Disc Extrusion Relief

Disc extrusion occurs when spinal disc material has weakened and lost its typical shape, migrating a significant distance from the main disc body.

 

Good news! We are the Disc Extrusion Experts. If you think you have Disc Extrusion, let’s talk.

 

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What Is Disc Extrusion?

disc extrusion

 

 

Disc Extrusion is a degenerative spine condition that can lead to nerve compression, pain, discomfort and other debilitating symptoms. Spinal discs act as cushions between vertebrae. A number of underlying conditions–including Degenerative Disc Disease –may cause a disc to weaken and lose its shape. In some cases, the weakened disc will protrude outside of its normal position and begin to migrate away from the main disc body, and intrude on spinal nerves or on the spinal cord, causing significant pain.

Disc Extrusion Basics

Symptoms. Pain, numbness, fatigue, spasms, compromised movement

Causes. Wear-and-tear, injury

Treatments. Decompression, stablization/fusion, injection

Recovery Rate. High

How is Disc Extrusion Treated?

Disc Extrusion treatment depends on you – your specific physiology and how advanced your case is. The North American Spine medical team and your physician will thoroughly evaluate your situation and recommend a treatment plan to provide both maximum relief and minimum recovery time. Treatment plants are grouped into three categories:

 

Non-surgical
Decompression
Fusion or Stabilization

 

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Symptoms of Disc Extrusion

You can develop a disc extrusion at any section in your spine, but they most commonly appear in your lower back or neck. The pain from a disc extrusion can range from mild to severe, and grow worse when you engage in a variety of normal actions such as sneezing, standing, sitting, walking or bending your back. In severe cases, you may experience heaviness in your legs or difficulty walking. Disc extrusion can cause the following symptoms:

 

Common symptoms of Disc Extrusion include:

 

  • In the lumbar spine: pain, numbness, tingling, burning, and weakness in the lower back, buttocks, legs, and feet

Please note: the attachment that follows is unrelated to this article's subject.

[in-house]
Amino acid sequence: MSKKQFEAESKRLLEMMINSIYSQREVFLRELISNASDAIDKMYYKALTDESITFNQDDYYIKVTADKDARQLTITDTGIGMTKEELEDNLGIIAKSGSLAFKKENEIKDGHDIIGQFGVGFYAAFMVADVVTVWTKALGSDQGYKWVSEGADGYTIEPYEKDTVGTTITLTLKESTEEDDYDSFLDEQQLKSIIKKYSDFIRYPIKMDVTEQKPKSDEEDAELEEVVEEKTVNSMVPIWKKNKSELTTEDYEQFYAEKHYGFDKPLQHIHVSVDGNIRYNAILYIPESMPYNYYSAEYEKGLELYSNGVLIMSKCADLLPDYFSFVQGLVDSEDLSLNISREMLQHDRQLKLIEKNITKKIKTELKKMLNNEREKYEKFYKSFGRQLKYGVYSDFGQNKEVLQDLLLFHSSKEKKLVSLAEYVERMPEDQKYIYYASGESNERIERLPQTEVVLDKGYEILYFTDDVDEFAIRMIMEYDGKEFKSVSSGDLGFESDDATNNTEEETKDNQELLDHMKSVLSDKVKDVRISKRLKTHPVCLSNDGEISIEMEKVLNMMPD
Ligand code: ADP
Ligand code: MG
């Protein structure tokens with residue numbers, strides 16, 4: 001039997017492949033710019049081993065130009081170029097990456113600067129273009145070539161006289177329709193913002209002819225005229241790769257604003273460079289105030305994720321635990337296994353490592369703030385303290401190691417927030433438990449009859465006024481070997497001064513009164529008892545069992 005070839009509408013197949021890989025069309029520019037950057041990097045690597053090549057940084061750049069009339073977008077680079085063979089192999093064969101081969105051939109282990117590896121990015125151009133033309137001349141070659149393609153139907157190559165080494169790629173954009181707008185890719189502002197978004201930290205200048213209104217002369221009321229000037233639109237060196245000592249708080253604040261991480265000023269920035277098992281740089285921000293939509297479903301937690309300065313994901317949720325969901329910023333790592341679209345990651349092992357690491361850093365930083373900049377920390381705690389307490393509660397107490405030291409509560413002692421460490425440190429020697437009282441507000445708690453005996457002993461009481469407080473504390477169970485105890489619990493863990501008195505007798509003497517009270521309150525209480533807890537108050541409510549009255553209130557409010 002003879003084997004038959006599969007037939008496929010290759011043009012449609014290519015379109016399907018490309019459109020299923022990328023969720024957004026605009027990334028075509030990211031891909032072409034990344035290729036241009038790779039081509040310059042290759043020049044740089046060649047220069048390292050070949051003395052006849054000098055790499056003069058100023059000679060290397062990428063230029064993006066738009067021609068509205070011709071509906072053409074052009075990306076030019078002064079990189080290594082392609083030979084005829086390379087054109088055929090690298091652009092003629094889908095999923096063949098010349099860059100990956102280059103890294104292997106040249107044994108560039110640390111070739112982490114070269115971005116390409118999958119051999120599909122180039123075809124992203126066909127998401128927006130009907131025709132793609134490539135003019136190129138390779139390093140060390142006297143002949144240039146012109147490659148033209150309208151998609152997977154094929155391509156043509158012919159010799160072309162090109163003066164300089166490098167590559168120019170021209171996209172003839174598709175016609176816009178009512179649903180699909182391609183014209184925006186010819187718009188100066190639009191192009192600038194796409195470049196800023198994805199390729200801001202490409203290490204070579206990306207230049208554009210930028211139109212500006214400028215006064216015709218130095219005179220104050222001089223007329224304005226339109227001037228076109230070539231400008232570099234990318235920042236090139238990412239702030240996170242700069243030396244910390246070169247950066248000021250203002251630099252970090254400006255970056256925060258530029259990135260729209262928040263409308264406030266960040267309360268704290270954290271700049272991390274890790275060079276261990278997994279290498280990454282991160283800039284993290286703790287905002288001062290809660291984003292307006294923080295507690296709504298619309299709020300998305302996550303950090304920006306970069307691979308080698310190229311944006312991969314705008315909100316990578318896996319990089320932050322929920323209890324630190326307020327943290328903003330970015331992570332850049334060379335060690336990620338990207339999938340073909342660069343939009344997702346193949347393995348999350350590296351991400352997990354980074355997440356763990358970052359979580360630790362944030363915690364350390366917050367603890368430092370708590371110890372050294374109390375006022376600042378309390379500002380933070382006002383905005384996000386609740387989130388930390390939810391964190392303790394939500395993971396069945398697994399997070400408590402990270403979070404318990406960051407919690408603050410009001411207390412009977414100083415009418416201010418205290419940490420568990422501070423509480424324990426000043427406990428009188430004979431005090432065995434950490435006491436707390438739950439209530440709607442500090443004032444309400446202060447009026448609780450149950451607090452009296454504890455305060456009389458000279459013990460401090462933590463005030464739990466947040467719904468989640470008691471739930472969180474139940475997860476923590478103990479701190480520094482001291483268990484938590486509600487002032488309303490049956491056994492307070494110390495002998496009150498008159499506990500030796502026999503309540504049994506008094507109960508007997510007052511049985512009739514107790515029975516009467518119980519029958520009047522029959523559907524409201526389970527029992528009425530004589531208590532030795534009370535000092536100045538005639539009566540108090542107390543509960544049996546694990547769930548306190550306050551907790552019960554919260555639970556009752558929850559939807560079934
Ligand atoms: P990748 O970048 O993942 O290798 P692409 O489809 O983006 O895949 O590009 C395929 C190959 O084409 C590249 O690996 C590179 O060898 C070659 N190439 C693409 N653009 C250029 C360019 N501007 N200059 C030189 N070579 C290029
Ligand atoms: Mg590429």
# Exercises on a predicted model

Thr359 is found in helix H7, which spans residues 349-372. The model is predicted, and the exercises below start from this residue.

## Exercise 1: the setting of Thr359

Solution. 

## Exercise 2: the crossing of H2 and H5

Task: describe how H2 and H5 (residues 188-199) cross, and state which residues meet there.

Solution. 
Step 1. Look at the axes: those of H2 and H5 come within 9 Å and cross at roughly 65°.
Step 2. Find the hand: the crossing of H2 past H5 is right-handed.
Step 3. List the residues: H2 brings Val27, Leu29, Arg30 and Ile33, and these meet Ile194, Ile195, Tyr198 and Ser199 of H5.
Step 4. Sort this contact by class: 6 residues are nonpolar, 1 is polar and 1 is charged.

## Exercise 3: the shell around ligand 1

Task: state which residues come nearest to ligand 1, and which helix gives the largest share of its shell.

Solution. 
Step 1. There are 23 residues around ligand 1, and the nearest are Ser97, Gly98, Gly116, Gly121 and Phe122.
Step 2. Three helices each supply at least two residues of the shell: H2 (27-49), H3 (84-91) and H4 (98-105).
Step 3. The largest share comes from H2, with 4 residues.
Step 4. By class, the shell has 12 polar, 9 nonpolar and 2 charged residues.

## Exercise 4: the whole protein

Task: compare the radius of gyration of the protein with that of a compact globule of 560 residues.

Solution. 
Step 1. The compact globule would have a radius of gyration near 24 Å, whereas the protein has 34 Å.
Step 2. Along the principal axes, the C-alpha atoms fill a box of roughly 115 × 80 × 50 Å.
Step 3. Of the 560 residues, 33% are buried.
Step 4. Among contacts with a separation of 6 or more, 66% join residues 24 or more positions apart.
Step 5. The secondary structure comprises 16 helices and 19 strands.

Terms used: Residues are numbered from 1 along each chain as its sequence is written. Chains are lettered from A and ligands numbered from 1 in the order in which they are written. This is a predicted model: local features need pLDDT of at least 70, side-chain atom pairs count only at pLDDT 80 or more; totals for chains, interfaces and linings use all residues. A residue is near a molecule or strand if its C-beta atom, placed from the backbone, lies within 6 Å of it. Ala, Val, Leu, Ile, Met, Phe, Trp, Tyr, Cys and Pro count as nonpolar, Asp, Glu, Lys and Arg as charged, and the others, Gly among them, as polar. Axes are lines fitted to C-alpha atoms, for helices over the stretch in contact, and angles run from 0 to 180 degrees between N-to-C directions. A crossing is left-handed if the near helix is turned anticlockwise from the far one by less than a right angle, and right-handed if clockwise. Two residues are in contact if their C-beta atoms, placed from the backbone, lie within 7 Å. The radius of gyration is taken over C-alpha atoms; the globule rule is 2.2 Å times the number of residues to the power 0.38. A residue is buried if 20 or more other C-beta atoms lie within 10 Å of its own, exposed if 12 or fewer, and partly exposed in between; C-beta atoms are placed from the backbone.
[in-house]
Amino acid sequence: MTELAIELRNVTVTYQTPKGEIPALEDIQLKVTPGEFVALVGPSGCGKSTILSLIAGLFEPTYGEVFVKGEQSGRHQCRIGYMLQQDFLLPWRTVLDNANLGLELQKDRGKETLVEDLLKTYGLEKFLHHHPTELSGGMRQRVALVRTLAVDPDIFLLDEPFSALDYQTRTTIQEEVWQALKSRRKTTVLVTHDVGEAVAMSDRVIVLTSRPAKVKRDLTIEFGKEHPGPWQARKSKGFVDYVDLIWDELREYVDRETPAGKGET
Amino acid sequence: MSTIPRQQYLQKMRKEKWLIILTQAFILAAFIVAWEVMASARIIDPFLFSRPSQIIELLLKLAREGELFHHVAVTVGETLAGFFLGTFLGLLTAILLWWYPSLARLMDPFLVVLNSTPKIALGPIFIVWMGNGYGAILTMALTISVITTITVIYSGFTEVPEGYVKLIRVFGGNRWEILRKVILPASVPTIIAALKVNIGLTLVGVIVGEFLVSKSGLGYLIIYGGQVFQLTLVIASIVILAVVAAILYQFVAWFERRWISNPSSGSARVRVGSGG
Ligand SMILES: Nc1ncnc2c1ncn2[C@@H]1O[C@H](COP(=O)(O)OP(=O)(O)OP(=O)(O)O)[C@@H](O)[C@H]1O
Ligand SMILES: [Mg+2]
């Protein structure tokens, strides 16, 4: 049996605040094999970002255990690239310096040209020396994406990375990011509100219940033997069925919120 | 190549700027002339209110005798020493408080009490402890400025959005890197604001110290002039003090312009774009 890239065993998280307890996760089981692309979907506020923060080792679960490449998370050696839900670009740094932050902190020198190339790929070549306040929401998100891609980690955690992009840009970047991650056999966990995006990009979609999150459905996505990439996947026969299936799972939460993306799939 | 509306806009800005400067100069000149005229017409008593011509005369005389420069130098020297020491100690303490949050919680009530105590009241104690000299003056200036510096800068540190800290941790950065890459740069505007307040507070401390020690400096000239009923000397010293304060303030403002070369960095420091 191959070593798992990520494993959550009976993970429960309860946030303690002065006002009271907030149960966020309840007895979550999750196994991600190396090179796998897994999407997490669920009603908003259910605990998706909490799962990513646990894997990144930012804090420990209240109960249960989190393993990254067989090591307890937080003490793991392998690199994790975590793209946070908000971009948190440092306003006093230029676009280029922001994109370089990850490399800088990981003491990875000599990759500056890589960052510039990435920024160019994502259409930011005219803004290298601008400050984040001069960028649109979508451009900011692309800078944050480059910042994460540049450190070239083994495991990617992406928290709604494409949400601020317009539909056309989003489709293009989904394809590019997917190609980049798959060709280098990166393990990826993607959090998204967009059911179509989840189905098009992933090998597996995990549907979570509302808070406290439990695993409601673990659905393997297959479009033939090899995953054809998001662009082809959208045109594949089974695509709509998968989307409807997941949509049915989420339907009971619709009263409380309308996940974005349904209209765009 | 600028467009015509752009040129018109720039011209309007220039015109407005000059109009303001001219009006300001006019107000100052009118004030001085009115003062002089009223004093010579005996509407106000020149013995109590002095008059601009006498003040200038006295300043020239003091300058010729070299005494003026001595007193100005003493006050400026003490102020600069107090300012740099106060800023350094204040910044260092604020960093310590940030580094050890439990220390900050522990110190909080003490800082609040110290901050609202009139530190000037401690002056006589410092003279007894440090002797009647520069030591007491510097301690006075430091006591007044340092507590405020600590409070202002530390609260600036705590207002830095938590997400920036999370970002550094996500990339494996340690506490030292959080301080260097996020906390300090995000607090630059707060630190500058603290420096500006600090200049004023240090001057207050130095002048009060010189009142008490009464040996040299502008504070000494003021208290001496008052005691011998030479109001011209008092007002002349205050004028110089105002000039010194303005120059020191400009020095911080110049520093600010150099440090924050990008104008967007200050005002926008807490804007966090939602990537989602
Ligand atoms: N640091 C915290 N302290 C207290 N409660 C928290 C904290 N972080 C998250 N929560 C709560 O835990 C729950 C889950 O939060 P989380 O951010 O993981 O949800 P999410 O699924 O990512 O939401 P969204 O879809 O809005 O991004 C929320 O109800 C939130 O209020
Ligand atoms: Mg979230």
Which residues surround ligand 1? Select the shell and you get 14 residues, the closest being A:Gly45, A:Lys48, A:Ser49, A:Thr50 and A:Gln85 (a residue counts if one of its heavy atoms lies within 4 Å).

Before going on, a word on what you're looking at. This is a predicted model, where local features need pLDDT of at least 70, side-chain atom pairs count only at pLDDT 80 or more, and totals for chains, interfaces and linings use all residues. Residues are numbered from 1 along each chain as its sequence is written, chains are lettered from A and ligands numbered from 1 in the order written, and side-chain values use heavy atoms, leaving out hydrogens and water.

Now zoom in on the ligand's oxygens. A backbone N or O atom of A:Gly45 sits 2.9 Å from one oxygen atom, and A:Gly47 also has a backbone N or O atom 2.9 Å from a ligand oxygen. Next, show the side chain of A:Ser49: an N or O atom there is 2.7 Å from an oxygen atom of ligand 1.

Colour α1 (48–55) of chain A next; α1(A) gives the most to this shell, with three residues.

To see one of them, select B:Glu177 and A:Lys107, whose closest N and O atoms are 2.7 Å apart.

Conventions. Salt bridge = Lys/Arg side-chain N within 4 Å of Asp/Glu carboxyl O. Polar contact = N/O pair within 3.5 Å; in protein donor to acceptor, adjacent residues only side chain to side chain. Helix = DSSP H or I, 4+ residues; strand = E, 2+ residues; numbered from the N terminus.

• In the cervical spine: pain, numbness, tingling, burning, and weakness in the neck, arms, hands, and sometimes in the head
  • In the thoracic spine: pain in the upper back, radiating through the stomach or chest, which patients often confuse for cardiovascular problems

 

Prior to having a surgical procedure to treat your disc extrusion, conservative measures such as physical therapy, chiropractic, and steroid injections should be attempted. If these measures do not meaningfully relieve your pain, a North American Spine procedure may be in order.

Causes of Disc Extrusion

Additional common Disc Extrusion causes include:

 

  • Age-related wear and tear, which can lead to Degenerative Disc Disease
  • Back or neck strain due to repetitive physical activity, poor posture, imbalances in the musculature, or heavy lifting
  • Direct physical injury such as a car accident or fall
  • Genetics, whether or not the symptoms appeared in your parents
  • Arthritis, which can lead to joint deterioration

Treatments and Procedures for Disc Extrusion

Treatment and procedure options for Disc Extrusion range from conservative options like injections to more intensive procedures like spinal fusions.

 

Conservative Options

 

Conservative treatment options include nerve root blocks and steroid injections. These are designed to provide temporary relief (up to one year), and you may elect to have the procedure done multiple times. Other conservative strategies may include the placement of a spinal cord stimulator–or STIM–which is designed not to correct the underlying degeneration, but to lessen the pain the condition causes.

 

Decompression

 

Decompression–including North American Spine’s unique IntelliSpine™ procedure–may be used for cases in which the structural integrity of the vertebrae or spinal cord is not threatened. These procedures concentrate on freeing entrapped nerves, typically be enlarging the space through which nerves pass. Depending on the demands of the procedure and your unique physiology, a special surgical laser may be used.

 

Fusion/Stablization

 

Fusion, also called stabilization, procedures may be used when the stability of the spine or vertebrae are compromised or threatened. In some of these cases, more than one harmful condition may exist. While these procedures are minimally invasive and enjoy a high success rate, some patients may be required to stay overnight for observation.